Year of Release: 1990
Director: Joel Schumacher
Length: 114 mins
Starring: Kiefer Sutherland, Julia Roberts, William Baldwin, Kevin Bacon, Oliver Platt
If Lost Boys was director Joe Schumacher’s Highway to Hell moment, Flatliners was his Back in Black. The 1990 blockbuster produced by Michael Douglas (yes, that one) and Rick Bieber, and distributed by Columbia Pictures, took its inspiration from a Jack London short story originally published in 1899 called A Thousand Deaths, which was about a patient being deliberately killed and resuscitated by a mad scientist. Propelled by an uber cool Brat Pack cast, on its theatrical release Flatliners was a smash hit, instantly claiming the No 1 slot at the Box Office and raking in a cool $10 million-plus on its opening weekend.
When medical student Nelson Wright (Sutherland) convinces a bunch of his classmates to help him discover what lies behind the veil of death, you know it’s all going to go wrong. They help him flatline (hence the title) and he ‘returns’ to verify that there is indeed something there. The classmates Joe (Baldwin), David (Bacon), Randy (Platt) and Rachel (Roberts) all decide to follow suit, and each have very different, but invariably harrowing experiences. After the experiments, they begin to suffer what they think are hallucinations, all related to some unresolved issue in their past. One-by-one the students confront the demons of their past, with some coming out of it better than others, eventually allowing them to move on with their lives. The overriding message here seems to concern coming to terms with the more tragic side of life, and learning how to learn and move on from it. Joel Schumacher was intrigued by the spiritual and horrific aspects of Flatliners, and enthused about the possibilities of creating a visually exciting film. He said: “[This] is a story about atonement and forgiveness involving these students who, in a sense, violate the gods and pay a price. I think we would all like to know what’s in store for us after we die. There have been thousands of reports from all over the world from those who have encountered ‘near death’, and most of them have reported pleasant experiences. Our movie, however, is saying that you’re not to tamper with death.”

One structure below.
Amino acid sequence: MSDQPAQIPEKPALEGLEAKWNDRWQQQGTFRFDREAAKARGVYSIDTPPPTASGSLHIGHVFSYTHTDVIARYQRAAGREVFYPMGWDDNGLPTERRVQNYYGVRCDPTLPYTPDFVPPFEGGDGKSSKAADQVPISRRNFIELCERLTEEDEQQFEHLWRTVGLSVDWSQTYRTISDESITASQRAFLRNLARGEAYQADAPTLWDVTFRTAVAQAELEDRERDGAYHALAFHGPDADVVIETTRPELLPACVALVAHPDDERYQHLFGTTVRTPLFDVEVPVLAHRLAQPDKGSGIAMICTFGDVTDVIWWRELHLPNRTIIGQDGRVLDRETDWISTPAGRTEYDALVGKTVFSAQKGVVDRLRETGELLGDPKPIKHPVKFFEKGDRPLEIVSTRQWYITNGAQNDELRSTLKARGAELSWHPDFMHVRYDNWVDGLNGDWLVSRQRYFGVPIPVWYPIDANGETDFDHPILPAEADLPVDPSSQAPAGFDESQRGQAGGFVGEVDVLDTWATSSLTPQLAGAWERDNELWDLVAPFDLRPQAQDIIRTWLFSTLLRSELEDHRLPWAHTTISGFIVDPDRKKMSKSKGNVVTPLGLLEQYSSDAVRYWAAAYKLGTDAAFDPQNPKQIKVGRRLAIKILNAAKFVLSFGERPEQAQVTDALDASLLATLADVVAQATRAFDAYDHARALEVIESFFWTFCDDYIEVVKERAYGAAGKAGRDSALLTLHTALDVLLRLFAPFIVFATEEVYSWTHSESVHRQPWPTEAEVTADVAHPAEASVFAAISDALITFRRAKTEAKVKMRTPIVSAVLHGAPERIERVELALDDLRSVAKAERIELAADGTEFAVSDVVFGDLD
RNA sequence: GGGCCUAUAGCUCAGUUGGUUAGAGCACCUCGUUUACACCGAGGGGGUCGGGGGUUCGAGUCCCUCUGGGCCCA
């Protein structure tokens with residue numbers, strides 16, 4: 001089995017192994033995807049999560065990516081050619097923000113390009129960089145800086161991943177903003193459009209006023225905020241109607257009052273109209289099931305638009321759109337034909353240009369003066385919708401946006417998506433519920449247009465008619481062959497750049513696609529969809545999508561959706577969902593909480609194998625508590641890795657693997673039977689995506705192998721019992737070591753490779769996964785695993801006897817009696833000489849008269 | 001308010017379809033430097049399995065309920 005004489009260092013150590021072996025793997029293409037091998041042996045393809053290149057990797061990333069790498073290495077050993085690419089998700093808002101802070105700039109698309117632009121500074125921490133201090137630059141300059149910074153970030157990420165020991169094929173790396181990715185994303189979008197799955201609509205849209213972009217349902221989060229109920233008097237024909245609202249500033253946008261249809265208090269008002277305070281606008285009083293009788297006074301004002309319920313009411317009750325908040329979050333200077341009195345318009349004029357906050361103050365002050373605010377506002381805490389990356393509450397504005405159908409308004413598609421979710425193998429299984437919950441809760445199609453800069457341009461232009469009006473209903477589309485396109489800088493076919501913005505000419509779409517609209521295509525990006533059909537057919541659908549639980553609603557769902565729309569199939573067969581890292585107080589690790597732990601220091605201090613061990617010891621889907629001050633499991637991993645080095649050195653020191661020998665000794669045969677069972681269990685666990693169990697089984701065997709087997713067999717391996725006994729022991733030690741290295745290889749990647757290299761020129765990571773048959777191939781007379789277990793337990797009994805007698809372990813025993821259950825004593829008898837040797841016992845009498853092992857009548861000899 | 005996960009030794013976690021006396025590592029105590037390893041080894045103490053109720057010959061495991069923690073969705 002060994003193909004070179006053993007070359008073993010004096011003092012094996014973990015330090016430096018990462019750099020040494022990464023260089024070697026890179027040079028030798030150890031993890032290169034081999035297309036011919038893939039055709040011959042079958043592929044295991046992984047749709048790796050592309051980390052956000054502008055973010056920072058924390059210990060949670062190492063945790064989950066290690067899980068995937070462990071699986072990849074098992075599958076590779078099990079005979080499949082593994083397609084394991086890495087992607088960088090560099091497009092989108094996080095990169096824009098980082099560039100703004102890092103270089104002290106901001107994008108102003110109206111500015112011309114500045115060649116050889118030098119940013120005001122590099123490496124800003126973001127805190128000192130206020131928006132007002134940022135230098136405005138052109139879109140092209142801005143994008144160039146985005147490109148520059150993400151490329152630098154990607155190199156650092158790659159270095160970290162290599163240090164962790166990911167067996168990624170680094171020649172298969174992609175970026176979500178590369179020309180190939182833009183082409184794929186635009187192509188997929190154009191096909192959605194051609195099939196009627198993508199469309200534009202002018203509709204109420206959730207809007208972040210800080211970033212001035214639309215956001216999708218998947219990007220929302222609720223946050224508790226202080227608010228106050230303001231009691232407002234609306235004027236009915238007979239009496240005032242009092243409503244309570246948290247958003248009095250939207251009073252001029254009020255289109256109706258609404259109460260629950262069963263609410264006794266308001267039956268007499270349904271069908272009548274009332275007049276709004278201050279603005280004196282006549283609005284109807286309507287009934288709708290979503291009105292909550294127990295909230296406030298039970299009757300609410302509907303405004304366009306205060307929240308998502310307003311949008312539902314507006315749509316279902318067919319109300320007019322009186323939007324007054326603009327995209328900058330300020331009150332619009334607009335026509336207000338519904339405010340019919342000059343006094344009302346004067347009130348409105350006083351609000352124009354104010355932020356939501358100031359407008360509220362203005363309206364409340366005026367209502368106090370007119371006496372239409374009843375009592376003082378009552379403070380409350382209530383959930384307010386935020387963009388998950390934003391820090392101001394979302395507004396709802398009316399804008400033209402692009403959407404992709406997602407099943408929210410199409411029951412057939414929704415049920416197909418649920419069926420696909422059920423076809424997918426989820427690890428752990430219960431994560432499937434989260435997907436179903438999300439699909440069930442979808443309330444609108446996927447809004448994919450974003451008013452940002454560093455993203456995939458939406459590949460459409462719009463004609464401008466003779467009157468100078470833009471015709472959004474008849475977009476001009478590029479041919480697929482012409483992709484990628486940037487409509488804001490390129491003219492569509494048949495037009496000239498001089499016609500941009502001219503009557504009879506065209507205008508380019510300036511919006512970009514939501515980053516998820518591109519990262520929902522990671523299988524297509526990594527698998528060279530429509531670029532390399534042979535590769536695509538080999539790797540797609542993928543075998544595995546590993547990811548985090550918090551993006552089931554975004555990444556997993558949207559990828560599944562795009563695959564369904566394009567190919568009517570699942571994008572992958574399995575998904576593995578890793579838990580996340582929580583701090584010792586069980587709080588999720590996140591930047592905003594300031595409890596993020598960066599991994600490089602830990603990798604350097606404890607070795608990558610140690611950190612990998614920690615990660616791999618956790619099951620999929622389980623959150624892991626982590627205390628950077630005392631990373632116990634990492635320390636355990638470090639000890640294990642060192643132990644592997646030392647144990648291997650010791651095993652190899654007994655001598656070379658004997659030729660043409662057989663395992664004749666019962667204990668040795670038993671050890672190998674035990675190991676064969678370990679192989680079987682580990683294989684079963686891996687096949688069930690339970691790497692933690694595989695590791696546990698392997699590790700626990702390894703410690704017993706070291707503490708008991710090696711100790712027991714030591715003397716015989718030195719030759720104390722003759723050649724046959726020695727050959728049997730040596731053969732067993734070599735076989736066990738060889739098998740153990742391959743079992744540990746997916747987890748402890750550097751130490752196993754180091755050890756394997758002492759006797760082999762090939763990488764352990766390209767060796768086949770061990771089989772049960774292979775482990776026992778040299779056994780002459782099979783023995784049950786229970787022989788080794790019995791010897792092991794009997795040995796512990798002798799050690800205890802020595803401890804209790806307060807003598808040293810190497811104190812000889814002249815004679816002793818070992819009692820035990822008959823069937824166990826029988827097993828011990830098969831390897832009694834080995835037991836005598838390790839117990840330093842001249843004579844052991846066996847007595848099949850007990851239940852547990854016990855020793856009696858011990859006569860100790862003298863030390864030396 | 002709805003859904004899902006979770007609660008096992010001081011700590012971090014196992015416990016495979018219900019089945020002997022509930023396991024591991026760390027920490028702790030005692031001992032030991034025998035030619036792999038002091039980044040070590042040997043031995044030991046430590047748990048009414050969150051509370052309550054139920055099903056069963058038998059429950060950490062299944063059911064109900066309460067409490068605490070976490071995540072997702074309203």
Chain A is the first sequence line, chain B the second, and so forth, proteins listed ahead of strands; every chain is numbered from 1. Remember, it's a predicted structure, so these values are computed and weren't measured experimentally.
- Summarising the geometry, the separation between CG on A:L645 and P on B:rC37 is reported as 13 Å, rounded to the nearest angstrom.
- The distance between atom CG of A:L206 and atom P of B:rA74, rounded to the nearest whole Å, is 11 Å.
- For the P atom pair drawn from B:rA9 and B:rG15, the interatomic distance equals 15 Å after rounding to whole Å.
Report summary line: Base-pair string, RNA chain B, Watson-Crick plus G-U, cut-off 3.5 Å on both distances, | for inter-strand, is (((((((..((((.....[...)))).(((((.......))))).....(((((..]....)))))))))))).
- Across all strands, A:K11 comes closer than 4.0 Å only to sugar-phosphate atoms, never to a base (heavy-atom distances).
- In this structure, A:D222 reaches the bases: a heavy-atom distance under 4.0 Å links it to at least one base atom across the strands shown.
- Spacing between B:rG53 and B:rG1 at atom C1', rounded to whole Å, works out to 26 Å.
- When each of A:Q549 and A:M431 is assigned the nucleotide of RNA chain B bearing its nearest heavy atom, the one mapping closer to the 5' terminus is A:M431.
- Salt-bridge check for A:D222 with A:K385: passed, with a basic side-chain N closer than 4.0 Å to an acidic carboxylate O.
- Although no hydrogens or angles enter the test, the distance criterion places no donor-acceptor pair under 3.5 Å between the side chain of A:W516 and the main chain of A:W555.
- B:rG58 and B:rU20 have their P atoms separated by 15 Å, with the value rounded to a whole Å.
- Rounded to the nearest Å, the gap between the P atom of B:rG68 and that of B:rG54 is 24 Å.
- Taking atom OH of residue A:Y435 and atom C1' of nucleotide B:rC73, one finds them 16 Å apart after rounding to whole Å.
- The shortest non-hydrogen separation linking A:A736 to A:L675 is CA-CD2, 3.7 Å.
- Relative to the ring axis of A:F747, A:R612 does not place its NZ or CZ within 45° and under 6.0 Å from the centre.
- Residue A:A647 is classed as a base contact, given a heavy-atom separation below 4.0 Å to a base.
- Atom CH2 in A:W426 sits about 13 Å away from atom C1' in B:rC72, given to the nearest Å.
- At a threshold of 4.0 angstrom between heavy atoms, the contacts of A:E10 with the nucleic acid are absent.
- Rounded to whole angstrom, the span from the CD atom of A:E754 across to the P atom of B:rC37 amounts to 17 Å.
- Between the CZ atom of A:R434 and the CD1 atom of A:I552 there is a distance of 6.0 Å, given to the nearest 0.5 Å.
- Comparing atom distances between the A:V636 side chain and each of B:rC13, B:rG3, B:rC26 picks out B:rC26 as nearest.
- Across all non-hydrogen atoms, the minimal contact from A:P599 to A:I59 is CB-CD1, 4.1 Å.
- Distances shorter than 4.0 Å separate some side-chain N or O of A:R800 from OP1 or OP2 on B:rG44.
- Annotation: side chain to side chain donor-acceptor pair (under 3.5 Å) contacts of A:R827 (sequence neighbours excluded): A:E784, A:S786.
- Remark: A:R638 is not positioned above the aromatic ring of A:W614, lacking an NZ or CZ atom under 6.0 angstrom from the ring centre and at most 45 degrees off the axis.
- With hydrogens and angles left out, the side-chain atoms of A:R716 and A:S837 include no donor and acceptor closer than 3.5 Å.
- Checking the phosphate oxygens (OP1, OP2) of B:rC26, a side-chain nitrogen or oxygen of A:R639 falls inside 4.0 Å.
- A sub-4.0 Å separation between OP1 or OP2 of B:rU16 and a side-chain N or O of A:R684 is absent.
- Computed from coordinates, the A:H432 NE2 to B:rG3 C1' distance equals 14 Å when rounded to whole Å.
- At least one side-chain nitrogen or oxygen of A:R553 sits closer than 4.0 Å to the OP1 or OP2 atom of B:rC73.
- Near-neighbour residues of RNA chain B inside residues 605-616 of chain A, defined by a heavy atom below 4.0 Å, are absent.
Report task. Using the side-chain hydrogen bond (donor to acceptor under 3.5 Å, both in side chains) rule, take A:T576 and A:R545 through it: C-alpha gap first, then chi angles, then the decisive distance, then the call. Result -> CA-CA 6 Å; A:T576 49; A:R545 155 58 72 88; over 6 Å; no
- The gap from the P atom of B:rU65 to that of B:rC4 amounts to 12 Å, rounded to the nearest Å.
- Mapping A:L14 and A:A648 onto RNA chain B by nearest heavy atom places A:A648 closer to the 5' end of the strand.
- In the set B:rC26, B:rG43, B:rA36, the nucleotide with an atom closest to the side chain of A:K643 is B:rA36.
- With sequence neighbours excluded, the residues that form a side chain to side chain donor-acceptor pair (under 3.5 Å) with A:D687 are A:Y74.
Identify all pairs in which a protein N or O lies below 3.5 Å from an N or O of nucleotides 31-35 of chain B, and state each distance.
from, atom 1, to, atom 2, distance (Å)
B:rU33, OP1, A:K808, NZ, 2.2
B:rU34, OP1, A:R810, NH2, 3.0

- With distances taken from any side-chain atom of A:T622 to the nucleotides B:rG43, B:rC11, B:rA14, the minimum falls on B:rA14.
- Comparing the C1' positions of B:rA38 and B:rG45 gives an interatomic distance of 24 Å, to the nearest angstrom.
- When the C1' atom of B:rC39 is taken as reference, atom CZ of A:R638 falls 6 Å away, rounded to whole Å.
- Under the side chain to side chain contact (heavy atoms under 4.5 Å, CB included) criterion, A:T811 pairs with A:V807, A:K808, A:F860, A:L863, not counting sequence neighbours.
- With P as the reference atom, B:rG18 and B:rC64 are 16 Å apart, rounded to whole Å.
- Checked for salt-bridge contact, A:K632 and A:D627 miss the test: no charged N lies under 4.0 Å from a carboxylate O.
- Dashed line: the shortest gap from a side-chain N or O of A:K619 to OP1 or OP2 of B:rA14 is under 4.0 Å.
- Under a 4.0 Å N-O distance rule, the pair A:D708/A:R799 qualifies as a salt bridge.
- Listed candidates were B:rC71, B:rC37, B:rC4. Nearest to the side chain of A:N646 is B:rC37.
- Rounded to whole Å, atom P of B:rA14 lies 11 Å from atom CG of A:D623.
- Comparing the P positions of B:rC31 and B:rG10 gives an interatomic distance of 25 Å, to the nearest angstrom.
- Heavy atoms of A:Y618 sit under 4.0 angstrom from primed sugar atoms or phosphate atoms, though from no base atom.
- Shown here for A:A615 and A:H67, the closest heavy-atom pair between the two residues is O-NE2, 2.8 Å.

Despite boasting a stellar cast, the movie has always proved divisive. As with many films of the era, in occasion it falls victim to being more about style than substance and for some reason never quite tapped into that all-forgiving nostalgic vibe. On Metacritic it’s score currently stands at a modest 55% from ten ‘mixed or average’ critical reviews, while on the same site its user rating is a much more healthy 9.2/10. The New York Times said, “Flatliners is a stylish, eerie psychological horror film laced with wit, a movie that thrives on its characters’ guilty secrets and succeeds on the strength of the director Joel Schumacher’s flair for just this sort of smart, unpretentious entertainment While at the other end of the spectrum, The Orlando Sentinel said, “Far-fetched as the premise is, I was willing to give the film the benefit of the doubt for the sake of the impressive cast. But as Flatliners rolled along, its pretentiousness became increasingly toxic.”
A perfect example, if ever there was one, of not being able to please all the people all the time.
In 2017, a new version was released, confusingly with the same name, which functions as both a remake and a stand-alone sequel. Repeating the pattern of the first film, reviews were generally negative, the general idea being that the movie once again failed to live up to an interesting premise. Despite this, again it proved to be a moderate Box Office success. Interestingly, a deleted scene from the movie establishes Kieffer Sutherland’s character Dr. Barry Wilson to be an older version of Nelson Wright having changed his name and begun living under a different identity.
Though they are all supposed to be approximately the same age, in actual fact Kevin Bacon was many years older than the rest of the main cast having made his film debut 12 years earlier in National Lampoon’s Animal House which, ironically, also starred Kiefer Sutherland’s father, Donald.